Bwog’s David Berke ventured into the PrezBo abode for the latest fireside chat.

President Bollinger hosted another fireside (though there is no fireplace) chat this evening, bringing undergraduates to his mansion for an hour-long discussion of campus concerns.

The catered event, with ornate hors d’oeuvres and apple cider poured from stylish silver dispensers by black-tied staff, showed no signs of budgetary cutbacks. After fifteen minutes of hobnobbing in the wood-paneled parlor, students were ushered to their seats.

Bollinger stood in a confident contrapposto pose, a hand on his hip. He kicked off the evening with a sweeping statement about the state of the world.

“It’s an interesting time,” he began. “In one sense, there’s a profound crisis…on the other hand, there’s a new wonderful administration bringing hope.” More after the jump.

He related the current economic downturn to student’s own lives and job prospects, noting the increased interest in public service produced by the unforgiving job market.

For the question and answer portion of the chat, concerns about financial aid and tuition dominated the discussion. The first questioner asked if PrezBo foresaw any student loan forgiving programs to help graduates cope with the dire economic climate.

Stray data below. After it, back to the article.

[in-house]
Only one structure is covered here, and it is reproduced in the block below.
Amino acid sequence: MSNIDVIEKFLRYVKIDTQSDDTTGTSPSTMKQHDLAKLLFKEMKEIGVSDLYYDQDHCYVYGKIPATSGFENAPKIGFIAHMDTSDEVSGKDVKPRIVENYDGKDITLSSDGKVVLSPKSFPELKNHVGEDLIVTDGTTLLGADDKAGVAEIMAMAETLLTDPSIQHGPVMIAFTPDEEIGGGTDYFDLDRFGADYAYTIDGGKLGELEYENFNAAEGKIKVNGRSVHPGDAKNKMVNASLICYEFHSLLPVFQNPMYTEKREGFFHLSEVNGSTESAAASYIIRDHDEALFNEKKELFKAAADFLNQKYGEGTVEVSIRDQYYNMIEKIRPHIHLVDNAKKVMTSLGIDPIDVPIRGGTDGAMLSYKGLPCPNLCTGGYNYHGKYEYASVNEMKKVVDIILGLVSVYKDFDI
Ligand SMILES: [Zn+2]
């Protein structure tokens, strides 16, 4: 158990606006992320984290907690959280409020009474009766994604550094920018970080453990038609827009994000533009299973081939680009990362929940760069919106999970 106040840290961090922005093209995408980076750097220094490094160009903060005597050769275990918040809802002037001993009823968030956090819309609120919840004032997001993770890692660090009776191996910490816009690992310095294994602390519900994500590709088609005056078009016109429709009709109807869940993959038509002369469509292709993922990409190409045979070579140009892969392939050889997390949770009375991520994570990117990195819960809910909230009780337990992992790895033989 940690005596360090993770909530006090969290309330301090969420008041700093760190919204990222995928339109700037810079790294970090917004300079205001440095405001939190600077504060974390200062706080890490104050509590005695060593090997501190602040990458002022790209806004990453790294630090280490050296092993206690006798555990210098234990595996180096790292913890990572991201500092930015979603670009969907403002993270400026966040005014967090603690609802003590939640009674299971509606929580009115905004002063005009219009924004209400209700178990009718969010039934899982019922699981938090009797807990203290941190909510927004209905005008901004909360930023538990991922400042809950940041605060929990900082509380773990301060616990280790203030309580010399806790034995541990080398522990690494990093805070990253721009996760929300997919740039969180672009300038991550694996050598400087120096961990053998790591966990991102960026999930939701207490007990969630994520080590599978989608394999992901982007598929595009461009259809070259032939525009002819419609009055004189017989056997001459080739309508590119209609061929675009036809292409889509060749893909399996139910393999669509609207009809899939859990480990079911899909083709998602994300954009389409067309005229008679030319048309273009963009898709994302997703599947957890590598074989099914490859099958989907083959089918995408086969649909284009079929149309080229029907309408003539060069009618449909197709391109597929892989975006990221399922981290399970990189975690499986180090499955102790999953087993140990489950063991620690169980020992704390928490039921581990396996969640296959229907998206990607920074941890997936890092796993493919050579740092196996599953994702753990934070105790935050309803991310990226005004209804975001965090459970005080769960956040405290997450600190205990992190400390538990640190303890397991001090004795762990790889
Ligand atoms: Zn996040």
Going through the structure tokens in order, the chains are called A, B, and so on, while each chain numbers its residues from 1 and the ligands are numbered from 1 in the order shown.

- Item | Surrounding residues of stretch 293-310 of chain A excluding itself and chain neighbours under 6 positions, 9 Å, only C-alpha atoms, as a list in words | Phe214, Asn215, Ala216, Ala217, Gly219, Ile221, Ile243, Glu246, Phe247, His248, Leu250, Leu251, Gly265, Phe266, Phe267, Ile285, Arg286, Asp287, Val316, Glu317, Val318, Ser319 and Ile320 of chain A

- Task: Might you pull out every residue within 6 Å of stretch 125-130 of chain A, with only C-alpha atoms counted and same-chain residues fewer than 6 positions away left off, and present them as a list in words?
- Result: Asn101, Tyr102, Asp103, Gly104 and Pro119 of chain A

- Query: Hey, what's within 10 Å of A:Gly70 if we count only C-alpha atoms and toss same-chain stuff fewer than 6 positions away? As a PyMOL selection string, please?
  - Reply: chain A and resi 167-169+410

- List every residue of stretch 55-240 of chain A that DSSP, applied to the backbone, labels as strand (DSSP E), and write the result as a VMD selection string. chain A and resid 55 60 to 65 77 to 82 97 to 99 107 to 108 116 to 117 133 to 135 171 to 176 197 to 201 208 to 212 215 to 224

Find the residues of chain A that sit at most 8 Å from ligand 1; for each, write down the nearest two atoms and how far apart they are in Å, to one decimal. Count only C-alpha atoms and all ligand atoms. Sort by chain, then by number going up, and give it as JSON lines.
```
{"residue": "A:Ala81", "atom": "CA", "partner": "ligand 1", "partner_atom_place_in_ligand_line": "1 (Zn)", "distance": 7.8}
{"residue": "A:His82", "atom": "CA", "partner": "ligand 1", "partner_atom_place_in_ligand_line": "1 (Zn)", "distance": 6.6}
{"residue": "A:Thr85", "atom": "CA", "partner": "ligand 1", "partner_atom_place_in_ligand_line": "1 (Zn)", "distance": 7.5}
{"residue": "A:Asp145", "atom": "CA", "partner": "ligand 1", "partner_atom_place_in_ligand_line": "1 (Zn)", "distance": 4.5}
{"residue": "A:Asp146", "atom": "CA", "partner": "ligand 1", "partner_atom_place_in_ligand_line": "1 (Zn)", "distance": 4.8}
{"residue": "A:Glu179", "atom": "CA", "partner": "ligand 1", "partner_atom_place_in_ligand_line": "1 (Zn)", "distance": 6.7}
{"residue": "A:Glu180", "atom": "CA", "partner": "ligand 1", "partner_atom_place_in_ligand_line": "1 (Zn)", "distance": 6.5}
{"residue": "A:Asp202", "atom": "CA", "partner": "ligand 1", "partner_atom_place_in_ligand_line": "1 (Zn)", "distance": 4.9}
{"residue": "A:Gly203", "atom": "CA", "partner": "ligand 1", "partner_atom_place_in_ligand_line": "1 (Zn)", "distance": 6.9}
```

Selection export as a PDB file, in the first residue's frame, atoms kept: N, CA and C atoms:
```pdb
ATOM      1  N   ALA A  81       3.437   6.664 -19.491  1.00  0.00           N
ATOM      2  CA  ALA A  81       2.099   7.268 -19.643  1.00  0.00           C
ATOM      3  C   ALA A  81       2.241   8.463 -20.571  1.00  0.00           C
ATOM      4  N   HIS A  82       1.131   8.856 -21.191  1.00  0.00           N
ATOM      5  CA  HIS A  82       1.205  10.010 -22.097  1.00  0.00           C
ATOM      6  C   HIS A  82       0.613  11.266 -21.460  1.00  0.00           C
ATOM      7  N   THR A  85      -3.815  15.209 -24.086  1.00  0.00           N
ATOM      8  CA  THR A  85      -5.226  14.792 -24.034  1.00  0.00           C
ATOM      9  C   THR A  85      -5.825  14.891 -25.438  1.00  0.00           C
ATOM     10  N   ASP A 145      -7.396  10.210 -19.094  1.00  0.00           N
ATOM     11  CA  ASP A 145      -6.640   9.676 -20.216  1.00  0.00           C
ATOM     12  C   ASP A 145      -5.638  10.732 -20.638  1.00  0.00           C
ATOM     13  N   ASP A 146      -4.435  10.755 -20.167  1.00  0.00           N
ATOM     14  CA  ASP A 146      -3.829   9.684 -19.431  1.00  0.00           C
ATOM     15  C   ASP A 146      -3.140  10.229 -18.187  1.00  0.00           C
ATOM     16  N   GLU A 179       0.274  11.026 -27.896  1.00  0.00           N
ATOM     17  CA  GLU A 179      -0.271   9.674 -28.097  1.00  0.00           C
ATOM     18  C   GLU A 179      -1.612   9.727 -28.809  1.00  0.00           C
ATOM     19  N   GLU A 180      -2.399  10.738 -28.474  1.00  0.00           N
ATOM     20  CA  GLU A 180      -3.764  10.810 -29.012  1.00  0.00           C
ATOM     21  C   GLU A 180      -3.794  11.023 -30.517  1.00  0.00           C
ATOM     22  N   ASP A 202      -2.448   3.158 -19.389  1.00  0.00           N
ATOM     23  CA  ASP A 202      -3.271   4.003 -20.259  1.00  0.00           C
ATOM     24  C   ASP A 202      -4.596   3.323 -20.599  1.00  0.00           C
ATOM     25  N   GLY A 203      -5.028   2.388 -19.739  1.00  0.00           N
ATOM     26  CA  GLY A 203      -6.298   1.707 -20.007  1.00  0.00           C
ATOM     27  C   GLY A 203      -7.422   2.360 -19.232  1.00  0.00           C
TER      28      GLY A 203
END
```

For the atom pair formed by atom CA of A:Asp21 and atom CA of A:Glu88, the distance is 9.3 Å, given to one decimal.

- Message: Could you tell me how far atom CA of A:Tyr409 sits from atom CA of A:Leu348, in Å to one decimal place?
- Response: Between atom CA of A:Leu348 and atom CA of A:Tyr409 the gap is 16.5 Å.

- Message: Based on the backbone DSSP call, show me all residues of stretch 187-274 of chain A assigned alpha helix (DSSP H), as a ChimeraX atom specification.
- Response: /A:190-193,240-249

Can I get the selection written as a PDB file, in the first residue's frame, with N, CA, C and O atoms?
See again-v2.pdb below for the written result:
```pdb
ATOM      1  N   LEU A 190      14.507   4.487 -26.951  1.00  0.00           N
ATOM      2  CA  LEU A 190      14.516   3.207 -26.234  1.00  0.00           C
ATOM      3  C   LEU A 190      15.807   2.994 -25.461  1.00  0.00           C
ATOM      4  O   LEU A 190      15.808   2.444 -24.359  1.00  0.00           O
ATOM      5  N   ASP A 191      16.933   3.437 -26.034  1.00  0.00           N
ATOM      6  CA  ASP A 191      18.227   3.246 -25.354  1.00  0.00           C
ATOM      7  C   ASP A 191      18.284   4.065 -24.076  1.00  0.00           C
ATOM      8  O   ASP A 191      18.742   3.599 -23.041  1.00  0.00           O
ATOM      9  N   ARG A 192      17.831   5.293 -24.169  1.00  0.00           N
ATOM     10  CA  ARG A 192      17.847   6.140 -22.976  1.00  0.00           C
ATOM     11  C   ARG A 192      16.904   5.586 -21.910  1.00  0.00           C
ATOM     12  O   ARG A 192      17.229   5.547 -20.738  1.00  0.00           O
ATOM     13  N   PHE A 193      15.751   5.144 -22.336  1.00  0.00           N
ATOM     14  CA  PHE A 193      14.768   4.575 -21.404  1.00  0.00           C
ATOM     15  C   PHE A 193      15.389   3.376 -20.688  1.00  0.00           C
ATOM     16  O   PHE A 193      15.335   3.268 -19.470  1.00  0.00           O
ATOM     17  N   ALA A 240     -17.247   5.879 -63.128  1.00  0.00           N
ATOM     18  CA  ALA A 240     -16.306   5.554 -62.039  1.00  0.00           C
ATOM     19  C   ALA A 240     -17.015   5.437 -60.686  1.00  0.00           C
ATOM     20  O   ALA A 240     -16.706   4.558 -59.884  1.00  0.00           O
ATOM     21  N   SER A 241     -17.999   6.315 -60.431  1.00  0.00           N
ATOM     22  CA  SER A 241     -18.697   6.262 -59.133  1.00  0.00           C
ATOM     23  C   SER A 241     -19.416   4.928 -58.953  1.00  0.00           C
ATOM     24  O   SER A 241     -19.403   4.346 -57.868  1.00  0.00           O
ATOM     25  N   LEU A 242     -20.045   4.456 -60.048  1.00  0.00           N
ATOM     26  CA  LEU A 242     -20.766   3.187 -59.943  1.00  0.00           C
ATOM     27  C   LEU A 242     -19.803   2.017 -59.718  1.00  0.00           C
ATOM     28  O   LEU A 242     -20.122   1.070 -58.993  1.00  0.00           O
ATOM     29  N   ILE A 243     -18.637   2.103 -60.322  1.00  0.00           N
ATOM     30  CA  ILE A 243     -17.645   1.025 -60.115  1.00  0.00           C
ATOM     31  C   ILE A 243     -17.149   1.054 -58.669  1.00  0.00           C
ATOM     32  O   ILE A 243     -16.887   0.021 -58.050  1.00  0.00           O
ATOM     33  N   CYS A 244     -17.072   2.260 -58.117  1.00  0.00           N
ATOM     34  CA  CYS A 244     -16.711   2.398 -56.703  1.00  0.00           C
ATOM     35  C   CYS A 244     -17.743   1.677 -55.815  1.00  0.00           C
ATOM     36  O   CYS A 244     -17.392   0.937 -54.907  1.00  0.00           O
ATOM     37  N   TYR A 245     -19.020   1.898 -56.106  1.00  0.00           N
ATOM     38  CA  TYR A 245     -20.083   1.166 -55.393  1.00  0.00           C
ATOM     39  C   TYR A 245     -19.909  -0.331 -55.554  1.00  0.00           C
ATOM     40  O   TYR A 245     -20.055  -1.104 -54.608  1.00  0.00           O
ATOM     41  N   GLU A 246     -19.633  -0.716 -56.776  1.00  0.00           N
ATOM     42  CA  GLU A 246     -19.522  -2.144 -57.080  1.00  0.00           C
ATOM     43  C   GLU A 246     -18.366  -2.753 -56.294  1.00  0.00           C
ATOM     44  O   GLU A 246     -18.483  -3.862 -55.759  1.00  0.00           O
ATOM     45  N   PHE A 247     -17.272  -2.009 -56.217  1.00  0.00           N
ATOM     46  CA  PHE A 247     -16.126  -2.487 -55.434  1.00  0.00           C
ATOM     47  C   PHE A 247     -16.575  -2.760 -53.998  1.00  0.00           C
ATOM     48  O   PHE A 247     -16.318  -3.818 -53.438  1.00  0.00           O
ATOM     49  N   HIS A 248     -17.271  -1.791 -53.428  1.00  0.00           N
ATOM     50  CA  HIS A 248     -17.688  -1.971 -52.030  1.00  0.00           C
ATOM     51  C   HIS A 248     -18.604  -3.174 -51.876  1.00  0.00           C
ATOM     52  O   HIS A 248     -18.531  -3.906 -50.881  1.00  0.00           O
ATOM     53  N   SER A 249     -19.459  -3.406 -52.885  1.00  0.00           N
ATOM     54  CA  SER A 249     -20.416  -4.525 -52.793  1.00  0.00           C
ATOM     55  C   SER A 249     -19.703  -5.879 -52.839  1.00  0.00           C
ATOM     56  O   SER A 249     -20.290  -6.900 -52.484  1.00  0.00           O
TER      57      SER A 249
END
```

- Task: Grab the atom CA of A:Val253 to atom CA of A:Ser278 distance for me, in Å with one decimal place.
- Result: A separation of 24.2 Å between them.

“So far, we are not in the crisis deeply enough to rethink policies at the level,” he responded, adding that University coffers are already strained to the limit. At times, PrezBo was starkly candid about financial issues. Responding to why the University pockets the extra money it makes when students study abroad, he responded, “It’s because we have become dependent on your money, and we don’t want to give it up.”

The crowd appreciated the candor, laughing at the remark.

He gave similarly well received but bleak answers to questions about freezing tuition and upping General Studies financial aid. Since most questions were monetary, the chat became repeated variations on the study abroad answer.

Intermixed were inane queries about the difficulties of founding a club baseball team and if the administration wanted to squash Greek life (The answer was no, but, even if they were planning to decimate Greek life, do you think they would say it?).

The two most interesting questions were about selecting Commencement speakers and Ivy leaguers’ roles in fomenting the credit crunch. Bollinger hinted quite heavily that the University, as well as alumni within the administration, is lobbying to persuade Obama to give Columbia’s Commencement address. In response to the question of Ivy League culpability for the financial crisis, Bollinger’s tortuous answer evaded a strong stance, instead emphasizing that the situation “is everybody’s fault.”

During the course of the hour, Bollinger also promised a dramatic improvement in academic advising and expressed contentment with progress of the athletics program. As during the last talk, Bollinger seized on a nebulous question about his “goals for the University” to kvell over the Manhatttanville expansion.

The chat ended early with many unanswered questions: “My wife and I are going out,” Bollinger explained. Apparently Thursday is not only a weekend night for students. Before he left, Bollinger brought down one of his new puppies to trot for the crowd, which cooed over the peppy dog. He only displayed the dog for a couple of minutes, quickly departing for his night on the town.